Bishops: Ivory, sex abuse controversies related to RH bill

By: - Reporter / @santostinaINQ
/ 08:18 PM September 27, 2012

A staffer of the Department of Environment and Natural Resources-Protected Areas and Wildlife Bureau (DENR-PAWB) displays elephant tusks which were seized by Philippine customs authorities over a two-year period following failed smuggling attempts in the country, Wednesday September 26, 2012, in Quezon city northeast of Manila. The tusks are to be shipped back to their port of origin, mostly from Tanzania, for destruction. AP/Bullit Marquez

MANILA, Philippines—Some Catholic prelates believe that the issues involving Msgr. Cristobal Garcia were being used by their enemies to discredit the Church and may also have something to do with its stand on the controversial reproductive health (RH) bill.

“The enemies are using that particular case [of Garcia] in Cebu to discredit the Church, I think,” said Sorsogon Bishop Arturo Bastes, member of the Permanent Council of the Catholic Bishops’ Conference of the Philippines.


“The great majority of Catholic priests are good,” he said, adding that the “smear campaign” may have something to do with their continued opposition to RH bill.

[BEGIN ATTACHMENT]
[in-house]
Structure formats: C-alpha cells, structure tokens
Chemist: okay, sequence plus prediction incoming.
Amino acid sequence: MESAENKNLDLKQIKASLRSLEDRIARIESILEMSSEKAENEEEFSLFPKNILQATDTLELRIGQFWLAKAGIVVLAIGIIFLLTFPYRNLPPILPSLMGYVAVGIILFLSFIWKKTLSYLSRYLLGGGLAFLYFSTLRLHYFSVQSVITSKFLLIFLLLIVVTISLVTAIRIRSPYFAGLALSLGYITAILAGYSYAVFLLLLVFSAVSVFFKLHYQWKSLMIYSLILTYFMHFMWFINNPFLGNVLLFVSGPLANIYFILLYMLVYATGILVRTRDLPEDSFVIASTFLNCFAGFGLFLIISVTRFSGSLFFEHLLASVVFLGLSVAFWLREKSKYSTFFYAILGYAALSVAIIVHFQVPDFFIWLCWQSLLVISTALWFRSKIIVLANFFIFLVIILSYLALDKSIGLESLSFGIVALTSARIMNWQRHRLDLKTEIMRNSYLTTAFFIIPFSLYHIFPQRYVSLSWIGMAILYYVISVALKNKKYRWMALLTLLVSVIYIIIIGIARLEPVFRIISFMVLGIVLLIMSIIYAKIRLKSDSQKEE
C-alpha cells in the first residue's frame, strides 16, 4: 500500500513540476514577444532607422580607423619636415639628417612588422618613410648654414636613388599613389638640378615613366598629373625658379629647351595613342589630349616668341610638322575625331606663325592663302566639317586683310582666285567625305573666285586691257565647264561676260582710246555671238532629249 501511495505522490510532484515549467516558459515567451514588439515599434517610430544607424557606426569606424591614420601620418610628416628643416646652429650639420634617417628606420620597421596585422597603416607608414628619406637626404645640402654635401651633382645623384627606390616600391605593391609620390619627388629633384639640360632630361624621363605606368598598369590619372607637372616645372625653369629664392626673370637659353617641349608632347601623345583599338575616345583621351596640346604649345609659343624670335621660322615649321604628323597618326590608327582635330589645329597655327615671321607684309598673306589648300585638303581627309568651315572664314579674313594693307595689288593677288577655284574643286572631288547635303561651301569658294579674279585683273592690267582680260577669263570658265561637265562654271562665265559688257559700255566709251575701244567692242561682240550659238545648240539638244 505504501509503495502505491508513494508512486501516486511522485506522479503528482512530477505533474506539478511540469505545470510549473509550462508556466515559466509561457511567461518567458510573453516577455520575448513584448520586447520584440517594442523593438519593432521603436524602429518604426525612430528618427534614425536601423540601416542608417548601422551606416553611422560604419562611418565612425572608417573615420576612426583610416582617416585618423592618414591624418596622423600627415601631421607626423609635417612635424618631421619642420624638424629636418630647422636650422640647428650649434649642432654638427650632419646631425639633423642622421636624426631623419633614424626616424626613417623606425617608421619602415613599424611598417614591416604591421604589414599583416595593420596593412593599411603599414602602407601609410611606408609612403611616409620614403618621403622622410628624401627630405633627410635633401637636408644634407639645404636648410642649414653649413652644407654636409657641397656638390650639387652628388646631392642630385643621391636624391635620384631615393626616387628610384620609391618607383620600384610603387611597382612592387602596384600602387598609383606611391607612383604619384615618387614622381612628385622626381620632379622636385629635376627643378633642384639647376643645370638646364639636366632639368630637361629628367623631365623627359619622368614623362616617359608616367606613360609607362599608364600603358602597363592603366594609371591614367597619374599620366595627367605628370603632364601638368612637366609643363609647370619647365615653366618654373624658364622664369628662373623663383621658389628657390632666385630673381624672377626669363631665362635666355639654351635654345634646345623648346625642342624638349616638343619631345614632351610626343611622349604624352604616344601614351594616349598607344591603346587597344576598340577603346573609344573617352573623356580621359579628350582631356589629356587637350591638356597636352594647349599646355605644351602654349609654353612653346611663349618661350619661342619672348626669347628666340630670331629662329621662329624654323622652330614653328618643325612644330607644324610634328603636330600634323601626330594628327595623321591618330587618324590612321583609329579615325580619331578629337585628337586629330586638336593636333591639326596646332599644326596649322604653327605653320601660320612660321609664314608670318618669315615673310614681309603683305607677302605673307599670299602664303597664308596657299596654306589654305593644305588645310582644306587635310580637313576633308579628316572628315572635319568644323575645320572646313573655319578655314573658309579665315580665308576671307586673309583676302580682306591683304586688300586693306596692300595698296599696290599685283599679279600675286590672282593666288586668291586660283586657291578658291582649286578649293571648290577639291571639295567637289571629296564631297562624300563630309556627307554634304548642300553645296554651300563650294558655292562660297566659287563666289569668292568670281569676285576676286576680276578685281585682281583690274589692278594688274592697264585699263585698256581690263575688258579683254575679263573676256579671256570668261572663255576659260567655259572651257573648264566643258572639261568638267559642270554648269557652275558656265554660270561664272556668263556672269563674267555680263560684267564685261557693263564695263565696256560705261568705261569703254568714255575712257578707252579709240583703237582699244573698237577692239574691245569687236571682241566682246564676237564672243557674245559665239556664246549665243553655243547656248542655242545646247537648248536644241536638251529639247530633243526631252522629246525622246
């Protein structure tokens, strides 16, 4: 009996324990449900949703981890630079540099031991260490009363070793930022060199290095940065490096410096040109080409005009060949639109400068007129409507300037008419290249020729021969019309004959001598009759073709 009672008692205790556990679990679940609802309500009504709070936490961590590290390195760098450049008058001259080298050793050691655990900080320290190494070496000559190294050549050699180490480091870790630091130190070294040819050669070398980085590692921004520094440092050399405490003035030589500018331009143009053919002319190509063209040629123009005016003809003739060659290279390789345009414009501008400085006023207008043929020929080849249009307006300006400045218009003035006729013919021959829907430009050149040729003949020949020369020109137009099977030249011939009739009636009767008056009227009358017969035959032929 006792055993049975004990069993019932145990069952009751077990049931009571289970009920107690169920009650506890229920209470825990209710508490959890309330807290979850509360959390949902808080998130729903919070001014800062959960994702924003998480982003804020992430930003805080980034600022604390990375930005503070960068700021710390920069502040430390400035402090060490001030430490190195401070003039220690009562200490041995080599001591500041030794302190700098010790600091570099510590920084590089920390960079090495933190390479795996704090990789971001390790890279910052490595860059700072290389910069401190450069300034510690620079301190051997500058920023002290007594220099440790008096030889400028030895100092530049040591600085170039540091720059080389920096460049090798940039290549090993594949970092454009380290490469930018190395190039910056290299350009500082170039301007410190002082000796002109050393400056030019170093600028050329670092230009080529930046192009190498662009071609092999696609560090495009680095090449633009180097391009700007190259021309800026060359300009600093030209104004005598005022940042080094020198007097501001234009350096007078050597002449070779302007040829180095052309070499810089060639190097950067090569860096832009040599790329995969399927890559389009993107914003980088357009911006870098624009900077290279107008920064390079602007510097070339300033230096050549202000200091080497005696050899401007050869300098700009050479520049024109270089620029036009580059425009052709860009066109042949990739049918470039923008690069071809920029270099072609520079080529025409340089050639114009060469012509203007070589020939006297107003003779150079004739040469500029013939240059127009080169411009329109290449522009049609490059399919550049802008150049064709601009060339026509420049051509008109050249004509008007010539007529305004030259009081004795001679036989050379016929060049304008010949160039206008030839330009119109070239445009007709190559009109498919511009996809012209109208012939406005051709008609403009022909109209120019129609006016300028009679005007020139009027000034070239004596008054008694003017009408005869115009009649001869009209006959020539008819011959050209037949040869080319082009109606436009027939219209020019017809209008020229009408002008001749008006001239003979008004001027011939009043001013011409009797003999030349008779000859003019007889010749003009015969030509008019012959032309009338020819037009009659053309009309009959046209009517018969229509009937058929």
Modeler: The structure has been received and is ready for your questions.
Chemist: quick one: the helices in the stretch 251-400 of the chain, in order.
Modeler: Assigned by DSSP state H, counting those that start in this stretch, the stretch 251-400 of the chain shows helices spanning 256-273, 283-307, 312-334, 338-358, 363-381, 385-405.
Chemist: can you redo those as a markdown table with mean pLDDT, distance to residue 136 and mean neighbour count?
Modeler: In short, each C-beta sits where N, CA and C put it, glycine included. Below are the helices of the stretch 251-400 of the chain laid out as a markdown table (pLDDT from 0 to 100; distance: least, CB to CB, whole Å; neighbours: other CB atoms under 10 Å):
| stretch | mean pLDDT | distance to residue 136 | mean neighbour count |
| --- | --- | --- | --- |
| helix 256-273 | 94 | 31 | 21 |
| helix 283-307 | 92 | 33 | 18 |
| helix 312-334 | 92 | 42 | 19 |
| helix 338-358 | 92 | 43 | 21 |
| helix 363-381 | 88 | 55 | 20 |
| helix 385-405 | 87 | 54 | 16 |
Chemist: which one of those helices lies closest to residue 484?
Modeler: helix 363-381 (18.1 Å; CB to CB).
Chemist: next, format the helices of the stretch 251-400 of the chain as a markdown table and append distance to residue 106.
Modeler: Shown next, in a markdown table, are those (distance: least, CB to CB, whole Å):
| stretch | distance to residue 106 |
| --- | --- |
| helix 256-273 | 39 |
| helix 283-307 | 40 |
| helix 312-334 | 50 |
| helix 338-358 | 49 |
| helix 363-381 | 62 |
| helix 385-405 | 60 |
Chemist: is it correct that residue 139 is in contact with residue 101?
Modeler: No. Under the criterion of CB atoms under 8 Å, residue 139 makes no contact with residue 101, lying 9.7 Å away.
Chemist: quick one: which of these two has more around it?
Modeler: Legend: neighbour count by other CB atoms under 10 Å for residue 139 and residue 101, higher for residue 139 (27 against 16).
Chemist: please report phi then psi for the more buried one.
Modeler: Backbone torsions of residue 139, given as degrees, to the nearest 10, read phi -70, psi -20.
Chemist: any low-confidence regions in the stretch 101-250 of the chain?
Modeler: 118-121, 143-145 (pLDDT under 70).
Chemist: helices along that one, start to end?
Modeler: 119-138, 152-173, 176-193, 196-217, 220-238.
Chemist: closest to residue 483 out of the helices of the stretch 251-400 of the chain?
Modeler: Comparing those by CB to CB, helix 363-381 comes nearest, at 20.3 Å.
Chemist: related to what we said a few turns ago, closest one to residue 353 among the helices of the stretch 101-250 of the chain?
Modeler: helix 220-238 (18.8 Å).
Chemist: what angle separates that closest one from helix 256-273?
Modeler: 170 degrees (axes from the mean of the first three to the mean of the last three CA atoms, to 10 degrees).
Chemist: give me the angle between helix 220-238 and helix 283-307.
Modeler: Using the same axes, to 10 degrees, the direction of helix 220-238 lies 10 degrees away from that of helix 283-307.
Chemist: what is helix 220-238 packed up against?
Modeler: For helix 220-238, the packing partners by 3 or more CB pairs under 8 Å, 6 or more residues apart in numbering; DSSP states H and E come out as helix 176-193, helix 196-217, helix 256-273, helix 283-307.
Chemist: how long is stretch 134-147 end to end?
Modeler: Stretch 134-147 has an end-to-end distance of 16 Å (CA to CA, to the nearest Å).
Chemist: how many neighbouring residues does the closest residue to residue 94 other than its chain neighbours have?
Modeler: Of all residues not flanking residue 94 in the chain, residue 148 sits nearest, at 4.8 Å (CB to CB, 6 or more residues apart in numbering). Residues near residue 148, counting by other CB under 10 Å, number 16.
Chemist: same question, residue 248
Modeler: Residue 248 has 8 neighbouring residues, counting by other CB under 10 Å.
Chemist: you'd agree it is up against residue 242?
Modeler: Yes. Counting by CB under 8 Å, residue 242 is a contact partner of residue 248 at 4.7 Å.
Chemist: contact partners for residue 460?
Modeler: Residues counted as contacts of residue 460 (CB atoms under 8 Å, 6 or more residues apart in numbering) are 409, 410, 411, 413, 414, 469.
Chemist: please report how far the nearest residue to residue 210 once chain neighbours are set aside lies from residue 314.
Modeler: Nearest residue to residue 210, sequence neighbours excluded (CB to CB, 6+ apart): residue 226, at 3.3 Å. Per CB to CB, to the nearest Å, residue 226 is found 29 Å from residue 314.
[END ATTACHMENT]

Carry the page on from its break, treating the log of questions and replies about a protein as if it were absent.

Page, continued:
Garcia was linked by National Geographic to the illegal ivory trade. He has also been suspended and stripped of all his positions in the Archdiocese of Cebu on orders of the Vatican while the Holy See investigates the child abuse case that stemmed from accusations that he molested altar boys more than 20 years ago in the United States.


But Bastes admitted that there seems to be a need for bishops to be discreet in receiving applicants to their diocese.

“We must not receive just anyone who applies. I, for one, am very strict in admitting my own seminarians for ordination. In the priesthood, quality, not quantity, counts.” he said.

Lipa Archbishop Ramon Arguelles, former vice-chair of the CBCP Episcopal Commission on Family and Life (CBCP-ECFL), also agreed with Bastes and even identified the present administration as the one behind such efforts.

“This is related to Church’s championing life against RH bill. The present government desires to weaken all institutions that defend our country from being oppressed by foreign powers. But I know they will not succeed,” said Arguelles.

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TAGS: Catholic Church, Conservation, Endangered species, Ivory, Religion, RH Bill
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